Of the other three, the first is Khi Ali Gul, who was captured in Khost and accused of taking part in a bomb plot and being part of a Taliban assassination team. During his long years in Guantánamo, he has stated that he fought with U.S. forces in Tora Bora and described one occasion when “the Americans were sleeping and we were guarding them.” He added, “If I were their enemy, I would have killed them all.” He was captured at a checkpoint, where, he said, “there were some people that I had a dispute with,” and he added that they “told the American soldiers a lie,” and he was then arrested.

The second is Mohammed Zahir, 48 years old at the time of his capture in July 2003, who stated in Guantánamo that he was a teacher. He said that he had been set up by Taliban sympathizers who arranged for his arrest by telling lies to the U.S. forces. In contrast, however, the U.S. authorities claim that he was employed by the Taliban in the Secret Information Office in Ghazni and that he “possessed information associated with weapons caches, arms dealings, and Taliban personalities.”

The third man — and the last of the eleven — is Haji Hamidullah, the son of a mullah and someone with political influence. He explained that he had been imprisoned by the Taliban and had then fled to Pakistan. He returned after the U.S.-led invasion, when, he said, an opponent fed false information about him to U.S. forces, alleging that he controlled a cache of weapons and led a group of 30 men who had conspired to attack coalition forces near Kabul.

Reasons for release

Whether freedom or justice will ever be delivered to these men is unknown. In December 2009, Kathleen Kenna, who was seriously injured in the attack that was alleged to have been undertaken by Abdul Zahir, wrote an op-ed for the Toronto Star that should have shamed the U.S. authorities. She wrote, “For almost eight years, we have all waited for justice. We don’t seek retribution. We’ve made it clear we cannot identify our attackers. We seek real justice, not a contrived justice.”

She added

I don’t believe in indefinite detention without trial…. The Pentagon has assured us, almost annually since his arrest, that this would be the year of Zahir’s trial. My husband and I hoped this meant true justice would be served, and also hoped it brought us all closer to the shutdown of Guantánamo…. We’re not lawyers, nor armchair arbiters of how the men of war from Afghanistan should be treated by the United States. After living in a war zone for months in Afghanistan, and closely following the war’s progress since then, we have strong convictions that any prisoner-of-war should be treated with dignity, and afforded all the rights guaranteed by the Geneva Conventions and international human rights laws. It’s what we would demand for any Canadian, American or other citizen — whether combatant or aid worker — captured and held in a country of war. It’s what we want for Zahir and all the Guantánamo detainees.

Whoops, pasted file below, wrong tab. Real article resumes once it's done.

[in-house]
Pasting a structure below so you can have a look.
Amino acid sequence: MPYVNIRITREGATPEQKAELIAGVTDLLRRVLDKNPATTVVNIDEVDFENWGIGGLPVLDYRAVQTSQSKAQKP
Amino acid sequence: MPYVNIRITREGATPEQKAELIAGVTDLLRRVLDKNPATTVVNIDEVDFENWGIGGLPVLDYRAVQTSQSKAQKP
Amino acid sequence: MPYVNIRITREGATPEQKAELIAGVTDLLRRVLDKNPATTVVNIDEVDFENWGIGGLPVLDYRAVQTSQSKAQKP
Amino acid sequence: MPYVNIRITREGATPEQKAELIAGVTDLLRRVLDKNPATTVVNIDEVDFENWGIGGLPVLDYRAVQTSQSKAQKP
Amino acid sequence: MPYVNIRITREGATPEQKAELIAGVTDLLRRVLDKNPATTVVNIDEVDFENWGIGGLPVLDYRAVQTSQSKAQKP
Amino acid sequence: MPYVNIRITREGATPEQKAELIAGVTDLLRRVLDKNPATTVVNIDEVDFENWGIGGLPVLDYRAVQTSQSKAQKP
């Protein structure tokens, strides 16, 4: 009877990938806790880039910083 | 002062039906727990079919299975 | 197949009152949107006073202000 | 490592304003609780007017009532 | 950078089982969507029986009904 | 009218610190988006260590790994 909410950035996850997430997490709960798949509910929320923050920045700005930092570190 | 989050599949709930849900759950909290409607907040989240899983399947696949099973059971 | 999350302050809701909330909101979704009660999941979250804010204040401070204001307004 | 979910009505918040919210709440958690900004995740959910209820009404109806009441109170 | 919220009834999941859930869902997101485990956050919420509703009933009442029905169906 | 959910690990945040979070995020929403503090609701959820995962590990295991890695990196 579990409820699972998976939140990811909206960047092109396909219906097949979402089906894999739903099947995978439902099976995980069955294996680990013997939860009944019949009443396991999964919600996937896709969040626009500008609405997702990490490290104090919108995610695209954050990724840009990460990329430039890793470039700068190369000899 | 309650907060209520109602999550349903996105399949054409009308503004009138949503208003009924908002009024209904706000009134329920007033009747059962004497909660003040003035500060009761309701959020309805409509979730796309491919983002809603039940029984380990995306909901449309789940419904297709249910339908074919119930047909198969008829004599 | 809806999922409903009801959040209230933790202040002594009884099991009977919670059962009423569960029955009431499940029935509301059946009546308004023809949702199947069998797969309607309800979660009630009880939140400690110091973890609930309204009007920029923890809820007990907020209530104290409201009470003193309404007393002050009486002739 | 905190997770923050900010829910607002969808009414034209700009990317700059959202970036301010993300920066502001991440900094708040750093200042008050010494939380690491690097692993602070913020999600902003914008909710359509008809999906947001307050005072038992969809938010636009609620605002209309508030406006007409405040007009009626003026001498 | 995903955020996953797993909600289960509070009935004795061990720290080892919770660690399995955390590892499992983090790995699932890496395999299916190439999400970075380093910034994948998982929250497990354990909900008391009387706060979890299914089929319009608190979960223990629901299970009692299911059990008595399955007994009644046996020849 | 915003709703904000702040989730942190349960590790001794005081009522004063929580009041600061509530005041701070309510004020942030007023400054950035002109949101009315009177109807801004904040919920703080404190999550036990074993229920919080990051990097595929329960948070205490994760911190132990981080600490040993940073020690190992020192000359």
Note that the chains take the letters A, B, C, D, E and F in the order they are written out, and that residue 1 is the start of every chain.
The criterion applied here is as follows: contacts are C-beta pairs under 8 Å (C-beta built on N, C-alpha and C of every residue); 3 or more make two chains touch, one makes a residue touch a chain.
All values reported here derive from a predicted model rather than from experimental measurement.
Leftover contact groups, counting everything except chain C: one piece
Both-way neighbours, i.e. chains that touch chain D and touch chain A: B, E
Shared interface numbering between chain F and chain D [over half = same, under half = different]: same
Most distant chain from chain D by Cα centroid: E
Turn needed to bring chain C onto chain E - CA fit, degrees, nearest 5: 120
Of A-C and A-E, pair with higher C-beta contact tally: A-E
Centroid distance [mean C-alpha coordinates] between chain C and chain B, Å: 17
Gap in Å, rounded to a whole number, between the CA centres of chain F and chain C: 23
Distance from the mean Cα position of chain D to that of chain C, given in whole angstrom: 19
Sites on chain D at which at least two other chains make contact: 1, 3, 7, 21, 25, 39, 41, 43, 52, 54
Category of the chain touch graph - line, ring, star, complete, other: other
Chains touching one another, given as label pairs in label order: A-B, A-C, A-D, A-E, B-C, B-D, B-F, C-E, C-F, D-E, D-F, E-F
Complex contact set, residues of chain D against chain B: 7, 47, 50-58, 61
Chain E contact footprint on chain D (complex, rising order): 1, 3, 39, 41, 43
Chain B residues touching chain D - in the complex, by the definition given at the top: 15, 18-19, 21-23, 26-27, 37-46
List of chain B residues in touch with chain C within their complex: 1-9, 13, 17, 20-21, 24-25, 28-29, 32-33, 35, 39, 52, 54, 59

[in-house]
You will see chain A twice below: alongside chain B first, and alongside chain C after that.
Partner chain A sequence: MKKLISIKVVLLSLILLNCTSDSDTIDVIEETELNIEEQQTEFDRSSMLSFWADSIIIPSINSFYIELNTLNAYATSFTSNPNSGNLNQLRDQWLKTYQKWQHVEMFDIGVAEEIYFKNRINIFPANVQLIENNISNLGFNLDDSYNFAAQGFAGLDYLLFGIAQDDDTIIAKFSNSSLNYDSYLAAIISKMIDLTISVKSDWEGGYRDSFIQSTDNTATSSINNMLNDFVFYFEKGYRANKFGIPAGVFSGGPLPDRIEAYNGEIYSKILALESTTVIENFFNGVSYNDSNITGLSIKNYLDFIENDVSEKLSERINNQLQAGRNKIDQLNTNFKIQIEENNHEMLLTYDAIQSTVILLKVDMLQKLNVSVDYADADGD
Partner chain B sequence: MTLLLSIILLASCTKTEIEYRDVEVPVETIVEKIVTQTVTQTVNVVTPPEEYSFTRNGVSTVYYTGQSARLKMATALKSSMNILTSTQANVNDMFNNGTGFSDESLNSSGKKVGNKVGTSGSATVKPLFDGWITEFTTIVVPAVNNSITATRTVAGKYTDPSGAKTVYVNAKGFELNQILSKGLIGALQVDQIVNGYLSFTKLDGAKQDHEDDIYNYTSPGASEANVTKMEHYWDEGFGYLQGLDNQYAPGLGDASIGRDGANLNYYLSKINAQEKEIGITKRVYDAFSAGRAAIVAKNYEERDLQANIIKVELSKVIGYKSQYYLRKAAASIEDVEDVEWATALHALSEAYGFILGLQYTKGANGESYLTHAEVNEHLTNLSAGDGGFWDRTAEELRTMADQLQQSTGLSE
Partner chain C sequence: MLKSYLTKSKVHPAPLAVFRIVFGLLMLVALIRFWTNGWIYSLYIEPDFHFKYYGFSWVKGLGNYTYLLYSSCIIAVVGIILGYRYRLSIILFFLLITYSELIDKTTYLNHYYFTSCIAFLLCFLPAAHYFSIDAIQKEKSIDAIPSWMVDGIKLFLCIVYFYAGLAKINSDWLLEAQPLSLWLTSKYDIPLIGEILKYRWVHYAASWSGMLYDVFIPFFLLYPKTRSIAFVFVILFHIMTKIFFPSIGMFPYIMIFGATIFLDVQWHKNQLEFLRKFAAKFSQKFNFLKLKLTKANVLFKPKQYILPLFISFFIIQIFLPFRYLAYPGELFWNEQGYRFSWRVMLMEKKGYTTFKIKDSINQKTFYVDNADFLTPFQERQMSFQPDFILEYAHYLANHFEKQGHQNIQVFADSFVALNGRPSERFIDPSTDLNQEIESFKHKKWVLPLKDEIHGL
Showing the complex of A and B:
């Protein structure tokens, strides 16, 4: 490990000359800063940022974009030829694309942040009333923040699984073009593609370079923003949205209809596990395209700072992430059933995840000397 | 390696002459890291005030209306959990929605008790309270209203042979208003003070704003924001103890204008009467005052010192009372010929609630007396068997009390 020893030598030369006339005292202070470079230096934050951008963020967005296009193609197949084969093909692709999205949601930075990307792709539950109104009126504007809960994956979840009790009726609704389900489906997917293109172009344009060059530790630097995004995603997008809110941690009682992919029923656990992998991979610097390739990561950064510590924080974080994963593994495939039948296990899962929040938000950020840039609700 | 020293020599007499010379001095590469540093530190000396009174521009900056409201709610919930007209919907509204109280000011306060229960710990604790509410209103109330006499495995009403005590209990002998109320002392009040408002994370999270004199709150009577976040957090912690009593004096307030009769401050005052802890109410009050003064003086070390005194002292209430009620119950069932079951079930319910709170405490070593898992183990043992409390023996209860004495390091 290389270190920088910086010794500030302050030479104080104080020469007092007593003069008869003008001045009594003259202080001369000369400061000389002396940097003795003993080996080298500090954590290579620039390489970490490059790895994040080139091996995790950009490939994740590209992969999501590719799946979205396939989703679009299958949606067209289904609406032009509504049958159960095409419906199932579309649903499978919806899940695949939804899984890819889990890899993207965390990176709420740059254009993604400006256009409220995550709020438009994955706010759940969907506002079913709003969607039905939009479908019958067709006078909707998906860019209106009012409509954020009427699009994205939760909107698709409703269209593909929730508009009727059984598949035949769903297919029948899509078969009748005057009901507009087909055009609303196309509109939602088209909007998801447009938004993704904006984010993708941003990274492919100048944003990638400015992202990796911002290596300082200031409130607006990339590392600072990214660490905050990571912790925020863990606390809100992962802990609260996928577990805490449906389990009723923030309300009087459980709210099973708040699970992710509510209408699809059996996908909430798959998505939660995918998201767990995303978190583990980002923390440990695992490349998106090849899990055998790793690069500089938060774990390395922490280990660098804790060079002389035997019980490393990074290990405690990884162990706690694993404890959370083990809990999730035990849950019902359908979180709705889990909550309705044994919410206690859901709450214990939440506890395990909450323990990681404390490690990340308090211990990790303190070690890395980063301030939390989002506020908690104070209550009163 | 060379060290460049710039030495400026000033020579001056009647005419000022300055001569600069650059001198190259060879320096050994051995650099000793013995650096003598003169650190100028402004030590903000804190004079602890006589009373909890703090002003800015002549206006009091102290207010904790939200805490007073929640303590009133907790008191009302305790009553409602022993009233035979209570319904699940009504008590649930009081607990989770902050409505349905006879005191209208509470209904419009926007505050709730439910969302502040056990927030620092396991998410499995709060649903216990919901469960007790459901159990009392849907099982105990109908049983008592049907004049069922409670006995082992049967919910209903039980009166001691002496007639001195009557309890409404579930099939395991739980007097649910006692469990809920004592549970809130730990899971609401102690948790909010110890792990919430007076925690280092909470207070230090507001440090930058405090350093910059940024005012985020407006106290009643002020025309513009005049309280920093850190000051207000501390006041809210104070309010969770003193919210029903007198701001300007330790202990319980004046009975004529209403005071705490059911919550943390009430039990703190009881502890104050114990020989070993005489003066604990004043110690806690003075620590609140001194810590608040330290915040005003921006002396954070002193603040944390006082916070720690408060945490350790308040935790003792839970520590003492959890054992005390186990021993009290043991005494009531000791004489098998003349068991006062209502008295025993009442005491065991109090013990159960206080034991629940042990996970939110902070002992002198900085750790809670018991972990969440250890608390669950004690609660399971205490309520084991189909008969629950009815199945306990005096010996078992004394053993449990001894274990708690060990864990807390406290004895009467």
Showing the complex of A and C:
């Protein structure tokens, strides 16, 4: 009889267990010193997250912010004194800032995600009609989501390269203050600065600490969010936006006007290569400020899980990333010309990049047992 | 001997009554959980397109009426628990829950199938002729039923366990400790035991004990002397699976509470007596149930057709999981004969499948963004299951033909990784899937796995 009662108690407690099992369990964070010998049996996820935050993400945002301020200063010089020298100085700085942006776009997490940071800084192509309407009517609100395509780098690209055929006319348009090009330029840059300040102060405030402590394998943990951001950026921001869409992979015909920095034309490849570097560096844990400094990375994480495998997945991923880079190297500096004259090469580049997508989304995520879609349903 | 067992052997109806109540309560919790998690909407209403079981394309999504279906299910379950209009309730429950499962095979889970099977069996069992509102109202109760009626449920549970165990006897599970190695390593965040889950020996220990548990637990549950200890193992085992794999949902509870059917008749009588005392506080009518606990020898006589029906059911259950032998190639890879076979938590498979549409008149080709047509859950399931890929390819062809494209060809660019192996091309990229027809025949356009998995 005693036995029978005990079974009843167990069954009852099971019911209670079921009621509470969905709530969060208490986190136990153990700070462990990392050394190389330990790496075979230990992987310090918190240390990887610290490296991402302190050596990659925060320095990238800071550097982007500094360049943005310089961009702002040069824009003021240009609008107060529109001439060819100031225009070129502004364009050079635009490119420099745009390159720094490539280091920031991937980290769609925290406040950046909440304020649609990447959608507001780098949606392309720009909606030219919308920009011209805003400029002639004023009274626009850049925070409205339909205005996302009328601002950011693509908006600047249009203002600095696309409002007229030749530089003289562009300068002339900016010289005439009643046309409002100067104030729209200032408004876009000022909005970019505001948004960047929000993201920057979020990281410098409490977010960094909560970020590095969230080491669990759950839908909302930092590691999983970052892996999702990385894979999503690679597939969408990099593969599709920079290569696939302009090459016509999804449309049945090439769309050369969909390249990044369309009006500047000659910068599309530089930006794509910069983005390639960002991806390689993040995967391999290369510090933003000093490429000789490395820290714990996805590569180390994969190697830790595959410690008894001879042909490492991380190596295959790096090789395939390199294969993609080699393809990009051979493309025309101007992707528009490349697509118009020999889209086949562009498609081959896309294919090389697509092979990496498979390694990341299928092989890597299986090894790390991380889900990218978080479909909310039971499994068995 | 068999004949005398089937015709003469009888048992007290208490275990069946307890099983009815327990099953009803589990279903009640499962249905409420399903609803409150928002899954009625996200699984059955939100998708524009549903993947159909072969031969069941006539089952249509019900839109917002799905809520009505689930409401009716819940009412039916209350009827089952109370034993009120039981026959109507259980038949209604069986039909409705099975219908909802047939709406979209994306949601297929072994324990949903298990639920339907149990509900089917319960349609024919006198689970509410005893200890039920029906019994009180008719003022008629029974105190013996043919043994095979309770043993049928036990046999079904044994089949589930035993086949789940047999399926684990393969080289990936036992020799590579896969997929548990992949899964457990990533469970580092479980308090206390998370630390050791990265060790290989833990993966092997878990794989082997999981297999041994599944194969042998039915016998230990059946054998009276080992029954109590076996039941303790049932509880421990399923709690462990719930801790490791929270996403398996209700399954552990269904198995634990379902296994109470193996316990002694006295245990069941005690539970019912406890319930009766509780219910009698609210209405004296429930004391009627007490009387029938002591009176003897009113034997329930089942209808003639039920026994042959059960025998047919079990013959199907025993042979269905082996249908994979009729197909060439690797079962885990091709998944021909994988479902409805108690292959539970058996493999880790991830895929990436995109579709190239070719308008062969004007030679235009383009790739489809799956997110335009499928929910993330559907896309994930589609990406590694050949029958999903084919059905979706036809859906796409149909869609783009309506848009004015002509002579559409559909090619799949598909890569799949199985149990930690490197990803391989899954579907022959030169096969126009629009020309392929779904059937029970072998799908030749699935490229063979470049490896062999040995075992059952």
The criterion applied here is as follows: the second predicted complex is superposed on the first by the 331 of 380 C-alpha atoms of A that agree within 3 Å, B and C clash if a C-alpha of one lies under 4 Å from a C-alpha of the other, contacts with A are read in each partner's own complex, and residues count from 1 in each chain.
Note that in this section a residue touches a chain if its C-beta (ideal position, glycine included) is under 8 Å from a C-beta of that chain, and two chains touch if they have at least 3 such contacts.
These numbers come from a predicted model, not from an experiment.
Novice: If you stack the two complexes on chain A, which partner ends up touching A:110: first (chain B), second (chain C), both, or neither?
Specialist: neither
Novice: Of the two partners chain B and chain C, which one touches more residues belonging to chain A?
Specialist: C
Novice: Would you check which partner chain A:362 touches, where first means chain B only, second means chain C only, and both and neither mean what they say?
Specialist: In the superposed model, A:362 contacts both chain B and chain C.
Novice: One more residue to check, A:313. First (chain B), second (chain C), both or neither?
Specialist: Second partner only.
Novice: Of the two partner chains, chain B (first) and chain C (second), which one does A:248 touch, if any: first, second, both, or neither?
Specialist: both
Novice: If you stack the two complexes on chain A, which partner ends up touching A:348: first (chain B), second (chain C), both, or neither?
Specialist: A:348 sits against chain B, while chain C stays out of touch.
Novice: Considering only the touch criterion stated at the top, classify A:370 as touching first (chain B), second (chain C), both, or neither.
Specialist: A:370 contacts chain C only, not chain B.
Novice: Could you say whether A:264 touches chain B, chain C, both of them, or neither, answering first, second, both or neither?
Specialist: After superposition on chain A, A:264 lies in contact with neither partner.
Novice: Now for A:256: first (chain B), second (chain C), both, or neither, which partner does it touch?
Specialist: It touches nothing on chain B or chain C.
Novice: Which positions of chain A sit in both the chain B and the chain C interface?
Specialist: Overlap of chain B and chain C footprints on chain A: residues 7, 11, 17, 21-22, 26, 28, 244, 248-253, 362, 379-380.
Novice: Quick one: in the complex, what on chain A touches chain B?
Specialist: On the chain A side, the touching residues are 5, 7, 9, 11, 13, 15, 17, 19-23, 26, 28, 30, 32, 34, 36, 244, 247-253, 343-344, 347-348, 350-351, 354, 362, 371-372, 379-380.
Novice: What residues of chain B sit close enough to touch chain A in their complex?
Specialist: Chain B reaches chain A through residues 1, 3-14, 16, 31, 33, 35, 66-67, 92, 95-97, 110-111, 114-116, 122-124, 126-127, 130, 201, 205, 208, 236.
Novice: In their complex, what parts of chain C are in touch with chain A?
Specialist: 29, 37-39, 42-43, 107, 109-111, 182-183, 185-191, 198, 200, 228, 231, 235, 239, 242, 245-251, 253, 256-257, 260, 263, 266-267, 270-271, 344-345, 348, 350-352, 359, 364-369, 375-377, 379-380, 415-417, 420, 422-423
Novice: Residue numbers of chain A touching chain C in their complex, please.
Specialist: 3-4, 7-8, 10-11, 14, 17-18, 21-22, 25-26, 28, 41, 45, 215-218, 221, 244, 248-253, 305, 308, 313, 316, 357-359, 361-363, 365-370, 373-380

Further shame should come from the case of Obaidullah, who was discussed in an article in February this year in the New York Times, after his lawyers had sent an investigator to Afghanistan who had uncovered a case of mistaken identity that I reported here. Charlie Savage noted that it was “an accident of timing” that he was at Guantánamo, because a U.S. official “who was formerly involved in decisions about Afghanistan detainees said that such a ‘run of the mill’ suspect would not have been moved to Cuba had he been captured a few years later; he probably would have been turned over to the Afghan justice system, or released if village elders took responsibility for him.”

As Savage also noted, Obaidullah was not included in the discussion relating to Qatar, because, “[like] some of the other Afghans at Guantánamo, he is not an important enough figure to be a bargaining chip.”

Perhaps he has now been promoted to the role of bargaining chip, but what he needs, more than this, is for there to be a recognition that he, Abdul Ghani, Mohammed Kamin, Shawali Khan, Karim Bostan, and others should not be sent from one prison to another, but should be freed. There may be arguments that the senior figures in the Taliban described above should still be detained, but not these men. For them, the loss of nine or ten years of their lives is more than enough.

  • Categories
  • This post was written by:

    Andy Worthington is the author of The Guantánamo Files: The Stories of the 774 Detainees in America’s Illegal Prison (published by Pluto Press) and serves as policy advisor to the Future of Freedom Foundation. Visit his website at: www.andyworthington.co.uk.